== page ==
EGU24-14957, updated on 09 Mar 2024
EGU General Assembly 2024
© Author(s) 2024. This work is distributed under
the Creative Commons Attribution 4.0 License.

Exploring data-driven emulators for snow on sea ice 

Ayush Prasad1,2, Ioanna Merkouriadi3, and Aleksi Nummelin4,5
Ayush Prasad et al.
  • 1University of Helsinki, Helsinki, Finland (
  • 2Finnish Meteorological Institute, Helsinki, Finland (
  • 3Finnish Meteorological Institute, Helsinki, Finland (
  • 4Finnish Meteorological Institute, Helsinki, Finland (
  • 5NORCE Norwegian Research Centre AS, Bergen, Norway

Snow is a crucial element of the sea ice system, impacting various environmental and climatic processes. SnowModel is a numerical model that is developed to simulate the evolution of snow depth and density, blowing-snow redistribution and sublimation, snow grain size, and thermal conductivity, in a spatially distributed, multi-layer snowpack framework. However, SnowModel faces challenges with slow processing speeds and the need for high computational resources. To address these common issues in high-resolution numerical modeling, data-driven emulators are often used. They aim to replicate the output of complex numerical models like SnowModel but with greater efficiency. However, these emulators often face their own set of problems, primarily a lack of generalizability and inconsistency with physical laws. A significant issue related to this is the phenomenon of concept drift, which may arise when an emulator is used in a region or under conditions that differ from its training environment. For instance, an emulator trained on data from one Arctic region might not yield accurate results if applied in another region with distinct snow properties or climatic conditions. In our study, we address these challenges with a physics-guided approach in developing our emulator. By integrating physical laws that govern changes in snow density due to compaction, we aim to create an emulator that is efficient while also adhering to essential physical principles. We evaluated this approach by comparing four machine learning models: Long Short-Term Memory (LSTM), Physics-Guided LSTM, Gradient Boosting Machines, and Random Forest, across five distinct Arctic regions. Our evaluations indicate that all models achieved high accuracy, with the Physics-Guided LSTM model demonstrating the most promising results in terms of accuracy and generalizability. This approach offers a computationally faster way to emulate the SnowModel with high fidelity.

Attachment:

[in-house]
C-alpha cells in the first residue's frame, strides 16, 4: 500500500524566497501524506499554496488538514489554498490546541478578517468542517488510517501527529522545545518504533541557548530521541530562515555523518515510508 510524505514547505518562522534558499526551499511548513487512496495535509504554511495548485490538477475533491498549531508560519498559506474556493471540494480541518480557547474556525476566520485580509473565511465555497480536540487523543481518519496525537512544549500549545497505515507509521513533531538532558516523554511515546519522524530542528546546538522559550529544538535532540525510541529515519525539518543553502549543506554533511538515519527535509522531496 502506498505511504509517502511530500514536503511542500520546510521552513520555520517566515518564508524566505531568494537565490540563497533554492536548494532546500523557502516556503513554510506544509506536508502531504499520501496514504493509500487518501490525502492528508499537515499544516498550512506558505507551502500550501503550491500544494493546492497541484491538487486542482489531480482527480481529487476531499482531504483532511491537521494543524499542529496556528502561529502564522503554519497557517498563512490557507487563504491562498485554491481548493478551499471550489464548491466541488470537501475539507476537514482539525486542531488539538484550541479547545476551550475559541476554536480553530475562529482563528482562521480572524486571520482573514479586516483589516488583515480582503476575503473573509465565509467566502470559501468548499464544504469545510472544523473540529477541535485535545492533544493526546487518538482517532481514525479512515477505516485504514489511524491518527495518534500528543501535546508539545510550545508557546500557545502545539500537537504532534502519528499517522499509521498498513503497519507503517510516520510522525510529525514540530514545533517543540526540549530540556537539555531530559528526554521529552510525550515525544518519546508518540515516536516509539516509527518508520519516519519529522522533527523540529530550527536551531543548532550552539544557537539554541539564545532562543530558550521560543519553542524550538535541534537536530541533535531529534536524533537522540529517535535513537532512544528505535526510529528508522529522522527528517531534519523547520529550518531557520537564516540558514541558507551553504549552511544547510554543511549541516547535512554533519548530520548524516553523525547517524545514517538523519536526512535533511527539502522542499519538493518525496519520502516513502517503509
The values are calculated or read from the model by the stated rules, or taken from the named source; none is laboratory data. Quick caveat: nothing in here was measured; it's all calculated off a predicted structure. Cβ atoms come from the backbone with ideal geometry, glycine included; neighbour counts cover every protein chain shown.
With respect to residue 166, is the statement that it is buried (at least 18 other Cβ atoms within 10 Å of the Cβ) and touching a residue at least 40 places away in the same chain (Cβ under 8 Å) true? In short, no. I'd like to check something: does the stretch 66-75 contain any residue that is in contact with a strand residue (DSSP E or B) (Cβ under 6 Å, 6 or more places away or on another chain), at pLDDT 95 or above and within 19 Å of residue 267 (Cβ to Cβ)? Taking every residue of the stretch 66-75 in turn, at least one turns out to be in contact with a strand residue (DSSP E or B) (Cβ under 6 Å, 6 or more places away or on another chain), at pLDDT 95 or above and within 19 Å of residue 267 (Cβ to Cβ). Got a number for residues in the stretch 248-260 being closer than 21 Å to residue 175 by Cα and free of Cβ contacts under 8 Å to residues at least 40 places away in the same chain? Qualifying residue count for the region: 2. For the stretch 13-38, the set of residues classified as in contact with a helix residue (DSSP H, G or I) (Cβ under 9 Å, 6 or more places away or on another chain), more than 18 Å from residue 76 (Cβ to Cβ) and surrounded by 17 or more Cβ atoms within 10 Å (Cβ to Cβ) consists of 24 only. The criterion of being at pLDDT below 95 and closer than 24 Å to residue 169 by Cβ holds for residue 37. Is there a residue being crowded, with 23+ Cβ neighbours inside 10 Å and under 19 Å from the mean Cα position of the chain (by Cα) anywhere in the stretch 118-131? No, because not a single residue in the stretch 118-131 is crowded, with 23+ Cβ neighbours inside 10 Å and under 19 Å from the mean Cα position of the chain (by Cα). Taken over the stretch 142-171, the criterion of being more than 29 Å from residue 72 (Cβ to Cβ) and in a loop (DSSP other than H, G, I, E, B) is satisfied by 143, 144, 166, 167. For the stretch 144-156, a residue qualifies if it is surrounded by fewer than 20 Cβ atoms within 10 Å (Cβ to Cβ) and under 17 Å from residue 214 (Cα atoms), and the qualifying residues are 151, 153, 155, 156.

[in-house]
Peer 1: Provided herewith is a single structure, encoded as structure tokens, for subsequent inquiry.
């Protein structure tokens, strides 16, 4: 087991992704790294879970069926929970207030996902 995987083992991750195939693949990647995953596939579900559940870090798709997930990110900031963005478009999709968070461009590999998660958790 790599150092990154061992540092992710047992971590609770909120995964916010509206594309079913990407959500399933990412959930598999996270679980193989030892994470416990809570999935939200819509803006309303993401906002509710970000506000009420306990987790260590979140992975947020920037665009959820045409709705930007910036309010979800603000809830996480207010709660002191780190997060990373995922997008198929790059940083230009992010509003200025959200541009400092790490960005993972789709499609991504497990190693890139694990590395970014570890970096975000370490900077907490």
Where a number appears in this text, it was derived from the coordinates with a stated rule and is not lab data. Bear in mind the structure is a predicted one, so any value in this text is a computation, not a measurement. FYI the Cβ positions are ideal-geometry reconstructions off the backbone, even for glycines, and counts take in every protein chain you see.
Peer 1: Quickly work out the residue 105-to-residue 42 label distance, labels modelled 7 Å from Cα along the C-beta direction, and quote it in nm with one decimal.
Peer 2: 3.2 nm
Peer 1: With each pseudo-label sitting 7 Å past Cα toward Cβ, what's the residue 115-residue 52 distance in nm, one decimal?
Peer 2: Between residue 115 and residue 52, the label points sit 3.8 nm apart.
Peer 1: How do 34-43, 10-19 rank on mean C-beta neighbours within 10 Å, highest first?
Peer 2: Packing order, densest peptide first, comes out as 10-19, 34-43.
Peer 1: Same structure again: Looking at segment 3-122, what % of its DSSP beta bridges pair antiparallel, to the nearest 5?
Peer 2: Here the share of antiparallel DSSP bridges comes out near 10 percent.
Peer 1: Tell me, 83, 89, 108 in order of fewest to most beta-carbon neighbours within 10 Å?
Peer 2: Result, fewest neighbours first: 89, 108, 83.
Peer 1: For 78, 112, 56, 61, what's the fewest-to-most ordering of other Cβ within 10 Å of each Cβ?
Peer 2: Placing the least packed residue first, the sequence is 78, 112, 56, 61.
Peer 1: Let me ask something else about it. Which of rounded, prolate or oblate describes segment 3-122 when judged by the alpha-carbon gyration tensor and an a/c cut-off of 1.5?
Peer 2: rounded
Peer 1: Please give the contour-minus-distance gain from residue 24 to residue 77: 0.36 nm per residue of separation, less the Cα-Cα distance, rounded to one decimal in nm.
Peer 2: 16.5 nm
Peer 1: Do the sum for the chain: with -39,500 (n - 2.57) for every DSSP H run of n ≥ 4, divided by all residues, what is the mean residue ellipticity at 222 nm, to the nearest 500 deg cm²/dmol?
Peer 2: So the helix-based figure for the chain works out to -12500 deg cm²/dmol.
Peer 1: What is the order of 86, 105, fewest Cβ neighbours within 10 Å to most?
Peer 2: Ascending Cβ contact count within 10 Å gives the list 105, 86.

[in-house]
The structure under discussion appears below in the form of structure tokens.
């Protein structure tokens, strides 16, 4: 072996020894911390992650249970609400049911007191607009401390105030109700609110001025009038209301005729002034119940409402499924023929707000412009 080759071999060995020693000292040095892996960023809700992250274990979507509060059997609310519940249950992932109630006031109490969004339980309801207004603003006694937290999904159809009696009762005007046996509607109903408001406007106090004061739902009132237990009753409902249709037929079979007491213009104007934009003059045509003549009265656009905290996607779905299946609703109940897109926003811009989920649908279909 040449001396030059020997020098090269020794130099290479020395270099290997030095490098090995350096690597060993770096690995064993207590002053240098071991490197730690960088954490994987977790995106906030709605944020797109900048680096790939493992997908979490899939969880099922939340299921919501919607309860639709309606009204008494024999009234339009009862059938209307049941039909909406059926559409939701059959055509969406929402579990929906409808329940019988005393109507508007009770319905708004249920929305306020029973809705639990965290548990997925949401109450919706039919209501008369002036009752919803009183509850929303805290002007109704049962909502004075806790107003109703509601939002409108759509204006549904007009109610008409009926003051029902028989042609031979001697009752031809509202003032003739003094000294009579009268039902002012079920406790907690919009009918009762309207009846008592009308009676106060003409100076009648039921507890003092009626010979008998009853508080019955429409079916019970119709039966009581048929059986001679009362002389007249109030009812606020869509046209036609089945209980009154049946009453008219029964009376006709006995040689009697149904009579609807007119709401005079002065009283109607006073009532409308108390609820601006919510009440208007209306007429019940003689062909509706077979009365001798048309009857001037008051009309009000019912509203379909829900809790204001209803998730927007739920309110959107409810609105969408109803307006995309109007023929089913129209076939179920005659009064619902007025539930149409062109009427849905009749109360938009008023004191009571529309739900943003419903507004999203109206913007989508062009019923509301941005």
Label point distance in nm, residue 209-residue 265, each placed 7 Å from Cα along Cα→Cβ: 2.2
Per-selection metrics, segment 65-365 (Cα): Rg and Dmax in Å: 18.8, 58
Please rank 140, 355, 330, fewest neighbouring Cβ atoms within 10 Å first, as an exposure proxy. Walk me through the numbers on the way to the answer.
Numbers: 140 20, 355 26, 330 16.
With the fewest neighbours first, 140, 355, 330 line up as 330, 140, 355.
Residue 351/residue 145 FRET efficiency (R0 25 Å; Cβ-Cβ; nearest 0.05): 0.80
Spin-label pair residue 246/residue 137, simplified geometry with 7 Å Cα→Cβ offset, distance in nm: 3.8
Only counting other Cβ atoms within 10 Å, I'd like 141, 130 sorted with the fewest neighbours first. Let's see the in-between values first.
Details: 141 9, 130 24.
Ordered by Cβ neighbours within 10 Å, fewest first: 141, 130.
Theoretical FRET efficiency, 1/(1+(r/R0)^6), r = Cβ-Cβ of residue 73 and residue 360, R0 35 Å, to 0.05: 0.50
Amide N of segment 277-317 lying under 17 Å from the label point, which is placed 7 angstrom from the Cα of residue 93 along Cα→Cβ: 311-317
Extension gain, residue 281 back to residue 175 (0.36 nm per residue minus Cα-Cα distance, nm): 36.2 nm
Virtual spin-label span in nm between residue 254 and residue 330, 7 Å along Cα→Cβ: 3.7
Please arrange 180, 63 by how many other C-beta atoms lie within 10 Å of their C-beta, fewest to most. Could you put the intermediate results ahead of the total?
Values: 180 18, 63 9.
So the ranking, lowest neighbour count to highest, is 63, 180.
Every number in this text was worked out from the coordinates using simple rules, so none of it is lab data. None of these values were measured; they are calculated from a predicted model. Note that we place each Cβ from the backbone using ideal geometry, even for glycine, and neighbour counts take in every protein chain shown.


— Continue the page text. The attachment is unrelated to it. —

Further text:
How to cite: Prasad, A., Merkouriadi, I., and Nummelin, A.: Exploring data-driven emulators for snow on sea ice , EGU General Assembly 2024, Vienna, Austria, 14–19 Apr 2024, EGU24-14957,, 2024.